Alabama Governor, Chief Justice Reject Gay Marriage Ruling By Federal Judge

| by Michael Allen

Alabama Supreme Court Chief Justice Roy Moore recently urged Alabama Governor Robert Bentley (R) to ignore U.S. District Court Judge Callie Granade's ruling that legalized gay marriage in the state last Friday.

Moore's office released the letter that he wrote to Gov. Bentley, who also opposes same-sex marriage, noted AL.com.

"As Chief Justice of the Alabama Supreme Court, I will continue to recognize the Alabama Constitution and the will of the people overwhelmingly expressed in the Sanctity of Marriage Amendment," Moore wrote in his letter.

"I ask you to continue to uphold and support the Alabama Constitution with respect to marriage, both for the welfare of this state and for our posterity," Moore added. "Be advised that I stand with you to stop judicial tyranny and any unlawful opinions issued without constitutional authority."

"As you know, nothing in the United States Constitution grants the federal government the authority to redefine the institution of marriage," claimed Moore.

However, the U.S. Supreme Court redefined marriage in the case of Loving v. Virginia to allow interracial marriages in 1967. The Supremacy Clause in the U.S. Constitution (Article VI, Clause 2) does give federal law power over state law and constitutions. The U.S. Supreme Court ruled in the 1859 case Ableman v. Booth that states cannot overrule federal court judgements.

In response, Gov. Bentley said in a statement today, "The people of Alabama voted in a constitutional amendment to define marriage as being between man and woman. As governor, I must uphold the Constitution. I am disappointed in Friday's ruling, and I will continue to oppose this ruling. The Federal government must not infringe on the rights of states."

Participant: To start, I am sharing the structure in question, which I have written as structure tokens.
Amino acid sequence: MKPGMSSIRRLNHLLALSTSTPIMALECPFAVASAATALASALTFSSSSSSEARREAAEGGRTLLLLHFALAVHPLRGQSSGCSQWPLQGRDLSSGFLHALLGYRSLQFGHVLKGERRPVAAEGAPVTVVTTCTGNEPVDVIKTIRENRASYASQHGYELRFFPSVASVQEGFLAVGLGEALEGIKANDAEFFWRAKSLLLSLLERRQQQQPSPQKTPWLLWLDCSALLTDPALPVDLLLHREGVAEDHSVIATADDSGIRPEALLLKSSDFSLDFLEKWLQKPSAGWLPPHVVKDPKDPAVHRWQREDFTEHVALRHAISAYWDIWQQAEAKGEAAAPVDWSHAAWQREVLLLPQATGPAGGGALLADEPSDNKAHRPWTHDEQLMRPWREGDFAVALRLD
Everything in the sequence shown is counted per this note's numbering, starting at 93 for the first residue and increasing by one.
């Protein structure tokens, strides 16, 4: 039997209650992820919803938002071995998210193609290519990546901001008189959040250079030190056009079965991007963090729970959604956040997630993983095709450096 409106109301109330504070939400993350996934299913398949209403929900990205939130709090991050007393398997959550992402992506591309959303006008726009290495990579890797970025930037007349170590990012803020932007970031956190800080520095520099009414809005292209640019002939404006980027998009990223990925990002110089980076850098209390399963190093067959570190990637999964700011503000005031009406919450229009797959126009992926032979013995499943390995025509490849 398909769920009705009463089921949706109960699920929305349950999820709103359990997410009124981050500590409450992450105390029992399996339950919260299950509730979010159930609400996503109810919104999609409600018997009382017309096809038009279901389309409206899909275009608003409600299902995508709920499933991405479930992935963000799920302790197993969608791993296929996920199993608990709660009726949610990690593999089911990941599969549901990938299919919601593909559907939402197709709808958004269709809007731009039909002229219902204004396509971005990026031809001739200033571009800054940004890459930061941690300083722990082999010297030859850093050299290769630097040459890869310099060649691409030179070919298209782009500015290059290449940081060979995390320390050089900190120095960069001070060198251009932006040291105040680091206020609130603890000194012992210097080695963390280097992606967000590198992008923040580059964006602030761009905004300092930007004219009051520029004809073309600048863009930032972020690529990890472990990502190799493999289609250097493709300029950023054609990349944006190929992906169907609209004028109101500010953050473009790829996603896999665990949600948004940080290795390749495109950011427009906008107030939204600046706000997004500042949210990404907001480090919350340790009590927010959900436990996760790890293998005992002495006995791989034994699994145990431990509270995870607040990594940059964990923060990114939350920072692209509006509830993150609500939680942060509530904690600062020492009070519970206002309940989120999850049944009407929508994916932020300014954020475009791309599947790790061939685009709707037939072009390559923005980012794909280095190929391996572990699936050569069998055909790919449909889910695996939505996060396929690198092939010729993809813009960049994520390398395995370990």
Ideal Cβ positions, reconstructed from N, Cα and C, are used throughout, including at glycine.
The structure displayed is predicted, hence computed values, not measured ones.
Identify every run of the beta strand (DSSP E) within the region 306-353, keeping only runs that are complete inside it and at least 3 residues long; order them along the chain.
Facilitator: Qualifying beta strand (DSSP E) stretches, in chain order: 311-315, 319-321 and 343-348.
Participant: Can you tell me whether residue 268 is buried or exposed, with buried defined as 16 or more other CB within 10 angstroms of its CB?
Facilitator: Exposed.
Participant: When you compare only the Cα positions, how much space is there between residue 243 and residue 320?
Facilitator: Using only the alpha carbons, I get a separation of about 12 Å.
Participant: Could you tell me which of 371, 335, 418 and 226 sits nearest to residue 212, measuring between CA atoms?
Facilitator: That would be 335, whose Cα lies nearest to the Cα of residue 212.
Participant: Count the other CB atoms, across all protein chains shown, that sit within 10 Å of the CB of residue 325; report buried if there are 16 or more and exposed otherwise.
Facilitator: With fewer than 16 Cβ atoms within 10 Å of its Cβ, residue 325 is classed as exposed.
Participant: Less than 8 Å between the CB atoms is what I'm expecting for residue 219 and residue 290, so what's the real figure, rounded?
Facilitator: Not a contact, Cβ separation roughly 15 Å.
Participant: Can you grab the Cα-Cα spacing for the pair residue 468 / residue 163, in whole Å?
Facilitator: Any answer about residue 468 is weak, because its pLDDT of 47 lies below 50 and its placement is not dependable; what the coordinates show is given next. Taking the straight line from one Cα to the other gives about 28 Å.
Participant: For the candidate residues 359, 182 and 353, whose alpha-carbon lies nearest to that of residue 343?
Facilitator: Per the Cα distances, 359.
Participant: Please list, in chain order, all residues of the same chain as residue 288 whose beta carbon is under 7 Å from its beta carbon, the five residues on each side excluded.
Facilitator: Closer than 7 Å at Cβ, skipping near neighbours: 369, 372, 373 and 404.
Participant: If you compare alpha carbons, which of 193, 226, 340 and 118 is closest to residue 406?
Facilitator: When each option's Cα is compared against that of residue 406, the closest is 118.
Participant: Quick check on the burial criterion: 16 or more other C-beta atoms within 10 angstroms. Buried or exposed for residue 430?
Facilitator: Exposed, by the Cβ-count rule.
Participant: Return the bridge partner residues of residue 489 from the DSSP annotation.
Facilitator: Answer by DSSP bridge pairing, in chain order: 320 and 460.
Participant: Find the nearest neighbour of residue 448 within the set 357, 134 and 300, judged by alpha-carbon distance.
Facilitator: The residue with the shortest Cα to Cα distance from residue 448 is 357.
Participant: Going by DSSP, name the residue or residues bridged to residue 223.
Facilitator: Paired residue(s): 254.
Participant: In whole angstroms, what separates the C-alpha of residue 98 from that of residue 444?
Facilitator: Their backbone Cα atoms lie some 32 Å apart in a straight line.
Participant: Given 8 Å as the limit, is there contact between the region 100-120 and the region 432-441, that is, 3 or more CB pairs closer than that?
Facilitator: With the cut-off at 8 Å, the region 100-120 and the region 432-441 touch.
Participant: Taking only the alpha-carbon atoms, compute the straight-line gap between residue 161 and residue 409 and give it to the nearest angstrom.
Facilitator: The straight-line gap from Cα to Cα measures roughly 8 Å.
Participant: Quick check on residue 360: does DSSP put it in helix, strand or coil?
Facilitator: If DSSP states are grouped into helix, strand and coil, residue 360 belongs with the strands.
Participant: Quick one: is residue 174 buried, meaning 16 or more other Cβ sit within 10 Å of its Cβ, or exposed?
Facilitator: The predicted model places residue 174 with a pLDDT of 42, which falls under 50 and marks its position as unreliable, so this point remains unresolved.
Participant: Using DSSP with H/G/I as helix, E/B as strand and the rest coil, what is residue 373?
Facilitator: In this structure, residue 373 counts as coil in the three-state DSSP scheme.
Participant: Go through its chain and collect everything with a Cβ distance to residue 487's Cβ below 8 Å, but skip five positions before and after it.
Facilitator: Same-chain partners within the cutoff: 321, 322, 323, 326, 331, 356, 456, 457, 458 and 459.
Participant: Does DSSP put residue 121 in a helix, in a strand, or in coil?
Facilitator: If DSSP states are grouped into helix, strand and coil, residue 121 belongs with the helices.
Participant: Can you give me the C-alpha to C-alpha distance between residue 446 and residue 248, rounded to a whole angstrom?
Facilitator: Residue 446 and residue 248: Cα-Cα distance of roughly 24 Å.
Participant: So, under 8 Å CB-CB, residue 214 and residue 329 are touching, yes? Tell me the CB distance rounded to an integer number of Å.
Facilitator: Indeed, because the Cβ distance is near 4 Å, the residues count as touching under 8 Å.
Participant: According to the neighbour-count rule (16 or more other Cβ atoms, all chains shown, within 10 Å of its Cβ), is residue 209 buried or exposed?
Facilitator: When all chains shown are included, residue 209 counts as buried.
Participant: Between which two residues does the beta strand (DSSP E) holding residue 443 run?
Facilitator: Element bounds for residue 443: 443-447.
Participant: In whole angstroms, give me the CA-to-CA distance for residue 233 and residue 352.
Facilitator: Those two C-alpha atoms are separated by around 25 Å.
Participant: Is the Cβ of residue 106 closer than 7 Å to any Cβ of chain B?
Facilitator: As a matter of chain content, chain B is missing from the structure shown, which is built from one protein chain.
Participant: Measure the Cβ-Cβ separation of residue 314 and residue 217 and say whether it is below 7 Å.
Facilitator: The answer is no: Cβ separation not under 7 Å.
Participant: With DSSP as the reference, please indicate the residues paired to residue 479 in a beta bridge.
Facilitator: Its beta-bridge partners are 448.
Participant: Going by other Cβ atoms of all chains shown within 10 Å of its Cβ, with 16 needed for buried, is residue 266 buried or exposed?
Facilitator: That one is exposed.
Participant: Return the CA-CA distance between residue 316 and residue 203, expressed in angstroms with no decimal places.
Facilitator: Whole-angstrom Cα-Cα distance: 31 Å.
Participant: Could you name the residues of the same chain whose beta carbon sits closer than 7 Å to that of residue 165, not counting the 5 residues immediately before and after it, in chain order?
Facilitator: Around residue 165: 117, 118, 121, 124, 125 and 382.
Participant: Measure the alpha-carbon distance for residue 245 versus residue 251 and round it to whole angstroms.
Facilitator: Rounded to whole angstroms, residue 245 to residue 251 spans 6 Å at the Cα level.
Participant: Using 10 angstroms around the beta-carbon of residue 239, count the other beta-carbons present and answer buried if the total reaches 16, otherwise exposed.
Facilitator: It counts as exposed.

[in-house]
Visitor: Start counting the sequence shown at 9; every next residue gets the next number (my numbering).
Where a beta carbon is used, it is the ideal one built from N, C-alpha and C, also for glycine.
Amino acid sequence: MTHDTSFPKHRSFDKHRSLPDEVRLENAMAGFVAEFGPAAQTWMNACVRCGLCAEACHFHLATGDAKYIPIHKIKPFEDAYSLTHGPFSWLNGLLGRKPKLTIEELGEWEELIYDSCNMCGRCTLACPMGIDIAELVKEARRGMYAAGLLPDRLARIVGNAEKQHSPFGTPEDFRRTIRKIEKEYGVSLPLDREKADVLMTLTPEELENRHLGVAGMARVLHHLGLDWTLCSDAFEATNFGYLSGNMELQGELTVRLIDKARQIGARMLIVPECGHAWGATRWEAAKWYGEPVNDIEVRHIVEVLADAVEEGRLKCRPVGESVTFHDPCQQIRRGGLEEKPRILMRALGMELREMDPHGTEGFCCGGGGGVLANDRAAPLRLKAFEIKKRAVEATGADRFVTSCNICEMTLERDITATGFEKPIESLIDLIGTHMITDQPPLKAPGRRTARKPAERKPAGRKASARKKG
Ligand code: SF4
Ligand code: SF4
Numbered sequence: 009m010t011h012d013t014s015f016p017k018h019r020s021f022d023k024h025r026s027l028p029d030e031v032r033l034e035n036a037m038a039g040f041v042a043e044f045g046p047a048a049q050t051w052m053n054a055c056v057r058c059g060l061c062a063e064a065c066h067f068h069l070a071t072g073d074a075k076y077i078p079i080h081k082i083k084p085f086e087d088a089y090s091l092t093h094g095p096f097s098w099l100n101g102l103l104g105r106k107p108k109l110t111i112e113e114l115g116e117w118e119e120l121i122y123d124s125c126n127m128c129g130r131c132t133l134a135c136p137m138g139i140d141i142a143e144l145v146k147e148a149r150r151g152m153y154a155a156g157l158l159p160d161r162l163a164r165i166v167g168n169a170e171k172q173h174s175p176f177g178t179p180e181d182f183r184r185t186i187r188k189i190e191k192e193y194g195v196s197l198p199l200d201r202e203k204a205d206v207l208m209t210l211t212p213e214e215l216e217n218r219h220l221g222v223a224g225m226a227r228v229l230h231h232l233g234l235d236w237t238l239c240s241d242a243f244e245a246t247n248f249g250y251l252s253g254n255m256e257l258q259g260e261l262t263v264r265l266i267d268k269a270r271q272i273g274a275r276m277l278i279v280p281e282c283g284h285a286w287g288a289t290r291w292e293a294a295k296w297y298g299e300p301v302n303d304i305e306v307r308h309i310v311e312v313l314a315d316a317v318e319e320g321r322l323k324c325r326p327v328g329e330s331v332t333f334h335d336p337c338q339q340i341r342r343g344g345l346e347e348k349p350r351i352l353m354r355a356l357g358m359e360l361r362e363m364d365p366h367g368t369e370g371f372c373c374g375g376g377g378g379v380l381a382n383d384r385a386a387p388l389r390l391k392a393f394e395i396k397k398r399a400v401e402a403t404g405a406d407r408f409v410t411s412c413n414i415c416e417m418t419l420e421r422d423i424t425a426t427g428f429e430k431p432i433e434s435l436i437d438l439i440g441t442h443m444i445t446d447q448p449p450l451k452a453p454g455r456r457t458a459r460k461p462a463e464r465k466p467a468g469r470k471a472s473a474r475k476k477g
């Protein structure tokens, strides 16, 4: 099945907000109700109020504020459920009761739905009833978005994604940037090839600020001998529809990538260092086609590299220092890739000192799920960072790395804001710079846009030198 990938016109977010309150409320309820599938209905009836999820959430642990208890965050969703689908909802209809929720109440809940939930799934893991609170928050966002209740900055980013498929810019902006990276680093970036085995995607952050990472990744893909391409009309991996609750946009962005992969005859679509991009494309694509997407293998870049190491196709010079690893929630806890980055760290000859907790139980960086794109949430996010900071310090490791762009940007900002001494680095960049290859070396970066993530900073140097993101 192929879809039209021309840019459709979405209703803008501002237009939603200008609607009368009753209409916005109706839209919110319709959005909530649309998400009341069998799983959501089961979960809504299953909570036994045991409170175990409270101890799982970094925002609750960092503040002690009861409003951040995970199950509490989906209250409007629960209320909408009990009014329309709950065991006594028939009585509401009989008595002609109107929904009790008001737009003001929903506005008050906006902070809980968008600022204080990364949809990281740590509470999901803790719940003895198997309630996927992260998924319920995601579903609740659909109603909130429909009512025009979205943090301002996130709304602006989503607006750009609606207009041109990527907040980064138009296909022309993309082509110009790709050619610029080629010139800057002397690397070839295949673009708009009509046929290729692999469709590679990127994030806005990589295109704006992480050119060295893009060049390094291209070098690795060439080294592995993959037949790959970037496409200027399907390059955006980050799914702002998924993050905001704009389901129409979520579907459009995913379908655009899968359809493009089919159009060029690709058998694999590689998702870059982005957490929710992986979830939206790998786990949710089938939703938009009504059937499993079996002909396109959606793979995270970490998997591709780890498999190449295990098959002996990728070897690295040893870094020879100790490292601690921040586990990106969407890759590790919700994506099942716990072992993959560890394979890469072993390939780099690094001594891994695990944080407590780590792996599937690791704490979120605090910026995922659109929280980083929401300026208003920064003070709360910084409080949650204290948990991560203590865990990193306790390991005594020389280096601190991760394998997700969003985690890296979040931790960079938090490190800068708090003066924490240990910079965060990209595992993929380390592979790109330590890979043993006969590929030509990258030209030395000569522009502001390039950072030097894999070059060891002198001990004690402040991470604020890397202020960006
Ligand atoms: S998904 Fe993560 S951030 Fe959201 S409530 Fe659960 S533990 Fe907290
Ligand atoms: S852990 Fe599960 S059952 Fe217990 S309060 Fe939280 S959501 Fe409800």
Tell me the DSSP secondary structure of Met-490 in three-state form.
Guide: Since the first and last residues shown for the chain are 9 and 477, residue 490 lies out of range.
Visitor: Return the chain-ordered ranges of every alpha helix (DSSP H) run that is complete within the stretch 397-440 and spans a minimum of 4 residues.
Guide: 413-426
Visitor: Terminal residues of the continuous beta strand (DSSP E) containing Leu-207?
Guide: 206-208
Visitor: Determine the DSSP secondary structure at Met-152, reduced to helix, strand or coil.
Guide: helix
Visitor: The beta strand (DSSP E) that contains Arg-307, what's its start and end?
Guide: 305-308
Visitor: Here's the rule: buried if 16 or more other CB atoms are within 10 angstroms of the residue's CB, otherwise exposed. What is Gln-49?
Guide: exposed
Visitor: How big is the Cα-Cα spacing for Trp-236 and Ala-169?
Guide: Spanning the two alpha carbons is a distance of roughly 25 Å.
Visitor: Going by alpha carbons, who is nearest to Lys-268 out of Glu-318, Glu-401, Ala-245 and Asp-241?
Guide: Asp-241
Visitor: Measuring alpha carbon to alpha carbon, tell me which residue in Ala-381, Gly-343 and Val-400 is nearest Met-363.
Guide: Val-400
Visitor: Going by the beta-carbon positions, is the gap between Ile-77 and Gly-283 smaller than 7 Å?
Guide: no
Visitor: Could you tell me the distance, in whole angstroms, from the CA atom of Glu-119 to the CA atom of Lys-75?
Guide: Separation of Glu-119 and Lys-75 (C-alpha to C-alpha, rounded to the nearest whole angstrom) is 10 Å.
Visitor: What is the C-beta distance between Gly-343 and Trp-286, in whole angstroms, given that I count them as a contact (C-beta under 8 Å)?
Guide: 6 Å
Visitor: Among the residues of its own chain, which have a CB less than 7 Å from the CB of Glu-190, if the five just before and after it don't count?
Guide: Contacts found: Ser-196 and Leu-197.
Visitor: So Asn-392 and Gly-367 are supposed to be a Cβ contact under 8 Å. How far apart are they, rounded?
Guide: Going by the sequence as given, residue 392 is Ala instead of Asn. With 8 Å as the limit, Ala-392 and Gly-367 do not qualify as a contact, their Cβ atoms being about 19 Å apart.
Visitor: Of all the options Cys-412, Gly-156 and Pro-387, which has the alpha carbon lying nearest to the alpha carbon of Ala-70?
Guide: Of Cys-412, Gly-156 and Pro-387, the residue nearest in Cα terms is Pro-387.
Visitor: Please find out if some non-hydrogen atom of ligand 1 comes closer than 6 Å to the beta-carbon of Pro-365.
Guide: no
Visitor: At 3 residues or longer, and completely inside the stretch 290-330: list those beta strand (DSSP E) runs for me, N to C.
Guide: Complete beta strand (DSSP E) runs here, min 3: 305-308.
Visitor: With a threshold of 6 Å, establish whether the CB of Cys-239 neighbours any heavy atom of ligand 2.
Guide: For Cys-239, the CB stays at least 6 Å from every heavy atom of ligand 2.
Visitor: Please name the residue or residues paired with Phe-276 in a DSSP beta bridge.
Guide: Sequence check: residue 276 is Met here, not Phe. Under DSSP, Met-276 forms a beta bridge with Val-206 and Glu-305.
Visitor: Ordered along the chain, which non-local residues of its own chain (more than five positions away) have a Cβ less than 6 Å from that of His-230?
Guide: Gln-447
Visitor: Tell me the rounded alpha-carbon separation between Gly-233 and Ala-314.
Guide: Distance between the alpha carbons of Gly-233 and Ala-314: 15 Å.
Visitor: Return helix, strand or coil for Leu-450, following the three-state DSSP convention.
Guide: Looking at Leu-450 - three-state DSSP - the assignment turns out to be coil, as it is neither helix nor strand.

Moore also quoted the Bible verse Mark 10:6-9 in his letter to Gov. Bentley and said that he advised the Alabama Probate Judges Association to tell its members not to issue gay marriage licenses. The Alabama Probate Judges Association has claimed that the federal judge's ruling only applied to the same-sex couple who sued the state.

"There is no credible legal argument that an order from a federal judge with jurisdiction over a matter isn't binding on a state government," Ronald Krotoszynski, a constitutional law expert at the University of Alabama School of Law, told Reuters.

According to RightWingWatch.org, Moore claimed in 2012 (video below) that same-sex marriage supporters wanted to take away that "natural union between a man and a woman" and that Satan was convincing people to accept gay marriage.

Judge Grande did issue a 14-day stay on her ruling on Sunday to allow the state time to file an appeal with the Eleventh Circuit Court of Appeals.

Sources: RightWingWatch.org, AL.com, Cornell University Law School, Wikipedia, Reuters
Image credit: YouTube Screenshot